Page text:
This article was first published on the Shavei Tzion website here April 15th 2018.
The week of Passover has come and gone. We gathered in our homes to celebrate and commemorate God's victory over our enemies. The Bible commands us to remove all yeast from our homes and lives. For one week we are to live the way our ancestors lived when God released them from the bondage of Egypt (Exodus 12). He brought the people out of Egypt quickly, with no time to prepare or even let the dough and yeast rise. The sacrificial lamb that spared the lives of the first-born children is symbolic of Yeshua (Jesus) sacrificing Himself for us to be spared in the judgement and to receive eternal life with him.
Here at Shavei Tzion, the weeks before Passover were full of assisting others to prepare for the holiday. It was a blessing to be able to make these people's holiday a little sweeter and easier.
Netzer Hagalil (Branch of the Galilee), our Nazareth congregation, reached out to local Holocaust survivors, providing them with food baskets for the Passover holiday. Here at Shavei Tzion (Return to Zion) we provided those same baskets to new immigrants as well.
During Passover schools are closed for vacation. Since many parents were still at work regardless of the school holiday, we put together a three-day camp with the help of our music school, Keshet Tslilim (Rainbow of Sounds). The music school, along with volunteers from our youth group, spent three days with 30 children - both from our congregation as well as children of new immigrants in the area. During these days the children participated in a variety of activities: art classes, media, theater, learning about Passover and times of worship.
On the last evening, the children had a talent show which they performed in front of their parents. The parents were so pleased and blessed by the evening and the camp, that they are already asking when the next camp will be held.
Israel is a melting pot of Jews who have immigrated here from all over the world. Each of them brings their own culture, but not all of them are familiar with the Jewish biblical holidays. So we invited around 40 new immigrants and children to a dinner about Passover. Some were immigrants we had assisted over the past week with food baskets and aid for the holiday. Others were regular immigrants that come weekly for various forms of assistance (such as translating documents between Hebrew and Russian, cultural enrichment or just to have someone to talk to).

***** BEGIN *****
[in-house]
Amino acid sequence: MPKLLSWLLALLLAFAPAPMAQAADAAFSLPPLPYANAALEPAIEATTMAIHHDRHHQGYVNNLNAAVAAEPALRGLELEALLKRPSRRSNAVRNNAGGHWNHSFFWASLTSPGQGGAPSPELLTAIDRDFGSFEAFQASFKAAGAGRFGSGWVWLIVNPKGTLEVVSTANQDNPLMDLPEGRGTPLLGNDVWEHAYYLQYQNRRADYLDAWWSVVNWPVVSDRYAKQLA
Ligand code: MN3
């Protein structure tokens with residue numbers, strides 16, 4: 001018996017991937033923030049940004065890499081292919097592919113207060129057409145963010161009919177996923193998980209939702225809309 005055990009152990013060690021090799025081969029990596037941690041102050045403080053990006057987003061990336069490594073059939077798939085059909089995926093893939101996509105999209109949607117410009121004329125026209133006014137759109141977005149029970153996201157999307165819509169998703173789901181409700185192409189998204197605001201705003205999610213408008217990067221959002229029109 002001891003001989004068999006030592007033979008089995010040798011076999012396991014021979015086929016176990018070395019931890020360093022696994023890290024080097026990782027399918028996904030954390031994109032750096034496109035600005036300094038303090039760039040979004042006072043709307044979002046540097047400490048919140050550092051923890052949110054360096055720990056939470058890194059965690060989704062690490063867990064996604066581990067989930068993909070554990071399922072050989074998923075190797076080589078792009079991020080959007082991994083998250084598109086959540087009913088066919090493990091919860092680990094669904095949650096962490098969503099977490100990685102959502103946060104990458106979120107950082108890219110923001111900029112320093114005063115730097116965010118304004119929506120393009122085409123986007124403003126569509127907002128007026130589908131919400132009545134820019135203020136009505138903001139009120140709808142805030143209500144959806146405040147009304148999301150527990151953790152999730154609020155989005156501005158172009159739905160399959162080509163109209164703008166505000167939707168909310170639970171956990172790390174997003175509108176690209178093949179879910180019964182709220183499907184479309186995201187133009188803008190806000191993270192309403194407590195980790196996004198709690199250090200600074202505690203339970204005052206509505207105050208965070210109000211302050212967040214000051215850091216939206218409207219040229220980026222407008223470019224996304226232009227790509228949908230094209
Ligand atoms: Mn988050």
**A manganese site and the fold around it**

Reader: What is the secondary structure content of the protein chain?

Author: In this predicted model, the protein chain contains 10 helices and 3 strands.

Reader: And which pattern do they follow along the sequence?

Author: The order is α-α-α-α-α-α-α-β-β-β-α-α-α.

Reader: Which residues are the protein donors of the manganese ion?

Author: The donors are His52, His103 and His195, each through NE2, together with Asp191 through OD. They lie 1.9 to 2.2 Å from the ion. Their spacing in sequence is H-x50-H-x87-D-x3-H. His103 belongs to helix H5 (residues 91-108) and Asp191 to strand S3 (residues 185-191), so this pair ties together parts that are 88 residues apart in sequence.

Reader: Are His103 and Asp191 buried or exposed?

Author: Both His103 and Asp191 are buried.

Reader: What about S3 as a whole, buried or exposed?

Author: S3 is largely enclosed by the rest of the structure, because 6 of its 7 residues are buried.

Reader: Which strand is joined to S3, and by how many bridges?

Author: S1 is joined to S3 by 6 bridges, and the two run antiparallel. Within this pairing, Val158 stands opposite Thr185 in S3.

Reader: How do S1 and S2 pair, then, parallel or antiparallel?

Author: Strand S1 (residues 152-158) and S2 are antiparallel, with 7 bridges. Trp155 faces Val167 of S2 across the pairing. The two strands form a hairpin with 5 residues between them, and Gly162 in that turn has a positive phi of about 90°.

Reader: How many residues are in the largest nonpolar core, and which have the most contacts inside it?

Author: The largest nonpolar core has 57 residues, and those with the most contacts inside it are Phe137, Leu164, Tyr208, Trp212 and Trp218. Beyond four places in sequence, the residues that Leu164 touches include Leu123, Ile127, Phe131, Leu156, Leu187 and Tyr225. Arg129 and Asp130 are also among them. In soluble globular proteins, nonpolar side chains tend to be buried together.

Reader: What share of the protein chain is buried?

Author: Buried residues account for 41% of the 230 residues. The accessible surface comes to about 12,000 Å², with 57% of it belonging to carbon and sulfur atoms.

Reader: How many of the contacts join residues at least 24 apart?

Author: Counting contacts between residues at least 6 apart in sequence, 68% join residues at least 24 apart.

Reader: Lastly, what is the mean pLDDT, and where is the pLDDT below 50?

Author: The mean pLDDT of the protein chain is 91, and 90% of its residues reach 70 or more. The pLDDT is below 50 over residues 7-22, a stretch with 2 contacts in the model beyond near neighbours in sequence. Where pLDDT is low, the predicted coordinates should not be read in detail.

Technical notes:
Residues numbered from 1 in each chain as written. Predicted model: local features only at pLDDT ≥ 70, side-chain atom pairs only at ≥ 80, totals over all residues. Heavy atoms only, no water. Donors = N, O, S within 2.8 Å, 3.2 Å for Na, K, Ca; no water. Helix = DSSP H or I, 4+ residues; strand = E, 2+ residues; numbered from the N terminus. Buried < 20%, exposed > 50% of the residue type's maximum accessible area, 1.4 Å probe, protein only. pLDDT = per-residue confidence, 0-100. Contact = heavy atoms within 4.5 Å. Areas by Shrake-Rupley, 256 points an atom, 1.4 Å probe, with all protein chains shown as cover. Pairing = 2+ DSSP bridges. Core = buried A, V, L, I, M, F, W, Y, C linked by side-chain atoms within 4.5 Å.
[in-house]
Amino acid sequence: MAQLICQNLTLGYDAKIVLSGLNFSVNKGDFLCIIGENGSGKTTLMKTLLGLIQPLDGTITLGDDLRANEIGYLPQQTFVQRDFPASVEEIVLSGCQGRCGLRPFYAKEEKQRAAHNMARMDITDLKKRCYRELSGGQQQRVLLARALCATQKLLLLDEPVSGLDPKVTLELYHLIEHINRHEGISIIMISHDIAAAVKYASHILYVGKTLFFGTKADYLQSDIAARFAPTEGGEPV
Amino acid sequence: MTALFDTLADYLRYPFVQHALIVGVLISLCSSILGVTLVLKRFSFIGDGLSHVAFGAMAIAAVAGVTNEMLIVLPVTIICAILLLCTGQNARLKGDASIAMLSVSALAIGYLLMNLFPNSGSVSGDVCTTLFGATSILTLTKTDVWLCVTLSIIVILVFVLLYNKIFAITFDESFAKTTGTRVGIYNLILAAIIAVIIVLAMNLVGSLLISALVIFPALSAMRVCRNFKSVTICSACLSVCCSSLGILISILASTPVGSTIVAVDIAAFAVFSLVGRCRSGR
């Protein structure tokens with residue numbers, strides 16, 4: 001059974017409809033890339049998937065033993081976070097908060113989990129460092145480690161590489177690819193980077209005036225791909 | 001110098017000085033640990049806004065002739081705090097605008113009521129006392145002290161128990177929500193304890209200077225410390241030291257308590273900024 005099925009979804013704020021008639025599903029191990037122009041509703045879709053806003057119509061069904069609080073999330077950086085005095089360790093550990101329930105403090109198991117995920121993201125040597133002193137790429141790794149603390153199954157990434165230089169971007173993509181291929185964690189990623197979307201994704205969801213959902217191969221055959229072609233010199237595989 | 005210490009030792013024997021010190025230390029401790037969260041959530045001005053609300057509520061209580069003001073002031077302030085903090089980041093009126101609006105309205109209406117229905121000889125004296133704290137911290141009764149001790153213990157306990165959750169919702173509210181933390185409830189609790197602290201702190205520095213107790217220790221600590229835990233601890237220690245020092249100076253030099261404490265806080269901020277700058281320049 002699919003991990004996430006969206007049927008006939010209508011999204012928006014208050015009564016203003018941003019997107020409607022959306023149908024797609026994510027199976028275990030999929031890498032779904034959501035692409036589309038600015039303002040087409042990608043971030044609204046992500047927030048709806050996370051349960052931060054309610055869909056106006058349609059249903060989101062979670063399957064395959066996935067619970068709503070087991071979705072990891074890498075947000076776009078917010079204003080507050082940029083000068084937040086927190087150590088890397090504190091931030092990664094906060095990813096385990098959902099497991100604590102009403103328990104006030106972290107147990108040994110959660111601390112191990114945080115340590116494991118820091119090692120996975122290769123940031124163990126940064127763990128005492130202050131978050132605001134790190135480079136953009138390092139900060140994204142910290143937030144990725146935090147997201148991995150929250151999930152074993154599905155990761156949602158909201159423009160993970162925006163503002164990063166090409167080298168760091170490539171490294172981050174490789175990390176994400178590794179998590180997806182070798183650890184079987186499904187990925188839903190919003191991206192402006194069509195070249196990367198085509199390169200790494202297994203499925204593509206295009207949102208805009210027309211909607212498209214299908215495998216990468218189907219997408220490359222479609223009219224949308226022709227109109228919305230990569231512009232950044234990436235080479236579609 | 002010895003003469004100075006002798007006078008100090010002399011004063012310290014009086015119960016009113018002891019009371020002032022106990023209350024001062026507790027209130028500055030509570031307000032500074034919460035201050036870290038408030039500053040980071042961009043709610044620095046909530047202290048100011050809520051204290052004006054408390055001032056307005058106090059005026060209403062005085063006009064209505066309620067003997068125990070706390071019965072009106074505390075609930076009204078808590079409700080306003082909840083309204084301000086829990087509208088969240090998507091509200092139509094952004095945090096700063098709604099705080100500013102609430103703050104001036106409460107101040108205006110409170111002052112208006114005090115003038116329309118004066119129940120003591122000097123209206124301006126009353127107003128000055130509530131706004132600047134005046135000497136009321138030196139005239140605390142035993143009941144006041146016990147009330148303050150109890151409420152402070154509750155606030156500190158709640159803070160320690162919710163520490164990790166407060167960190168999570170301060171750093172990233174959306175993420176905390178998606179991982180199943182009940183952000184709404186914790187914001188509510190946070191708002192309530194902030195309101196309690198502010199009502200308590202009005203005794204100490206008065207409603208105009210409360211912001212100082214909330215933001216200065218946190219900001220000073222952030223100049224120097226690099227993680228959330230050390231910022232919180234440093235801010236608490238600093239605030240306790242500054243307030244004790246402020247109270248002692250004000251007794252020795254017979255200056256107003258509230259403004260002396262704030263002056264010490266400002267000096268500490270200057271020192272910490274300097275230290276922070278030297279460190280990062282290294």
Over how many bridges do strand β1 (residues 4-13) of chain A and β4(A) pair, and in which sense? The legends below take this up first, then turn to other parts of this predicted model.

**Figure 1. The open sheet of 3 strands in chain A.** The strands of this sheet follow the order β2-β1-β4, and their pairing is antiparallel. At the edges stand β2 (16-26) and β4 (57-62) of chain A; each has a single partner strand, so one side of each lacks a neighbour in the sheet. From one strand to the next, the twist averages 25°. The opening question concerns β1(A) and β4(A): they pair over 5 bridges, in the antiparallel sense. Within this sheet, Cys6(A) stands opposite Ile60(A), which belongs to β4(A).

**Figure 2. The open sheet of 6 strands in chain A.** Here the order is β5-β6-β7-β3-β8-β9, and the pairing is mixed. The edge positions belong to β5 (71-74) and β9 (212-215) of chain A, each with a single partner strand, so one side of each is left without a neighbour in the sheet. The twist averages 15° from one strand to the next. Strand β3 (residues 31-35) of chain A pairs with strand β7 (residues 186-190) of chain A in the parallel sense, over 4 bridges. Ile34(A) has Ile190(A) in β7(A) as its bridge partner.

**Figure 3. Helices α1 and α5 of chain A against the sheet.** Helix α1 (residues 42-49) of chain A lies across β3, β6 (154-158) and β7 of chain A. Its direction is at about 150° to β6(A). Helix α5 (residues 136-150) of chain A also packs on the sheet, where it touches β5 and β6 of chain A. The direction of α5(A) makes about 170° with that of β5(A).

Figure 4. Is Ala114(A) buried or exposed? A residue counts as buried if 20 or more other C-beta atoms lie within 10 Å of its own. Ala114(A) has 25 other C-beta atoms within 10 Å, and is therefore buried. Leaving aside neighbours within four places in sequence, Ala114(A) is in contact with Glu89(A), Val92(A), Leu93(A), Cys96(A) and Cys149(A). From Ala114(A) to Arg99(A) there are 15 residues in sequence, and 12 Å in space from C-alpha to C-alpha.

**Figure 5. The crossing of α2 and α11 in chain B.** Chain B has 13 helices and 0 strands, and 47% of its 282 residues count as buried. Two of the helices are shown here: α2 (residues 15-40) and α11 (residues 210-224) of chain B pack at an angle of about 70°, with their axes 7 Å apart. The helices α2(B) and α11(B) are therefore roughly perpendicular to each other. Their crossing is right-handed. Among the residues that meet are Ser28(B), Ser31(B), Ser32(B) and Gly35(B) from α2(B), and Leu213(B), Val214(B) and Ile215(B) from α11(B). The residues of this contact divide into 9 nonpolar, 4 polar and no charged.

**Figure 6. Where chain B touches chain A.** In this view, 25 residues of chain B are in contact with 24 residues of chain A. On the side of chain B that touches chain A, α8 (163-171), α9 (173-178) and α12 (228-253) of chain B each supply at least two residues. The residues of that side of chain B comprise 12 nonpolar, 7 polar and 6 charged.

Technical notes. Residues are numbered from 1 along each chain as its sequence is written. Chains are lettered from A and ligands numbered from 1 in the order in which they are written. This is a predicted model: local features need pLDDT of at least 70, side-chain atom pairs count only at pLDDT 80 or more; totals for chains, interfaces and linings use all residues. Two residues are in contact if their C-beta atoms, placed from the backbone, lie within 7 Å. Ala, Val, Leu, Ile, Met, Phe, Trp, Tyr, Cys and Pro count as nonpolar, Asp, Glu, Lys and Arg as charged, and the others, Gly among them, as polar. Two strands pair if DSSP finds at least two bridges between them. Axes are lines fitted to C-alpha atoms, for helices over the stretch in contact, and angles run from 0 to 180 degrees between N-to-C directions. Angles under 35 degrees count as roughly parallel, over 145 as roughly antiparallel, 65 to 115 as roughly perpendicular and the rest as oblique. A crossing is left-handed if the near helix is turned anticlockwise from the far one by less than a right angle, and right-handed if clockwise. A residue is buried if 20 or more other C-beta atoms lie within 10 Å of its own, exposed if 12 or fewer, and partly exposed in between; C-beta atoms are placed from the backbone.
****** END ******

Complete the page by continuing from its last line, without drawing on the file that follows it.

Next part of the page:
During the dinner we taught them about Passover and its symbolic connections with the Messiah. They had many questions about Passover and about our faith as believers in Messiah.
As we wrapped up another blessed holiday we were also pleased to reopen our humanitarian supply warehouse, which provides clothing, blankets and other amenities for the needy in our area.
Passover Exodus Compared with Later Return to Israel ("aliya")
"'... the days are coming,' declares the Lord, 'when it will no longer be said, "As surely as the Lord lives, who brought the Israelites up out of Egypt," but it will be said, "As surely as the Lord lives, who brought the Israelites up out of the land of the north and out of all the countries where he had banished them." For I will restore them to the land I gave their ancestors'" (Jeremiah 16:14-15).
The promise of the return of the Israelites to the Land of Israel is being fulfilled in our day. It is such a blessing to both witness this and also be a part of their restoration physically and spiritually.
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There have been comments to this article ...
4:27pm 10May18, Lynda Strutt: In Canada there us a brand of women's clothing called Aliya. I have several garments. Interesting it means 'return.'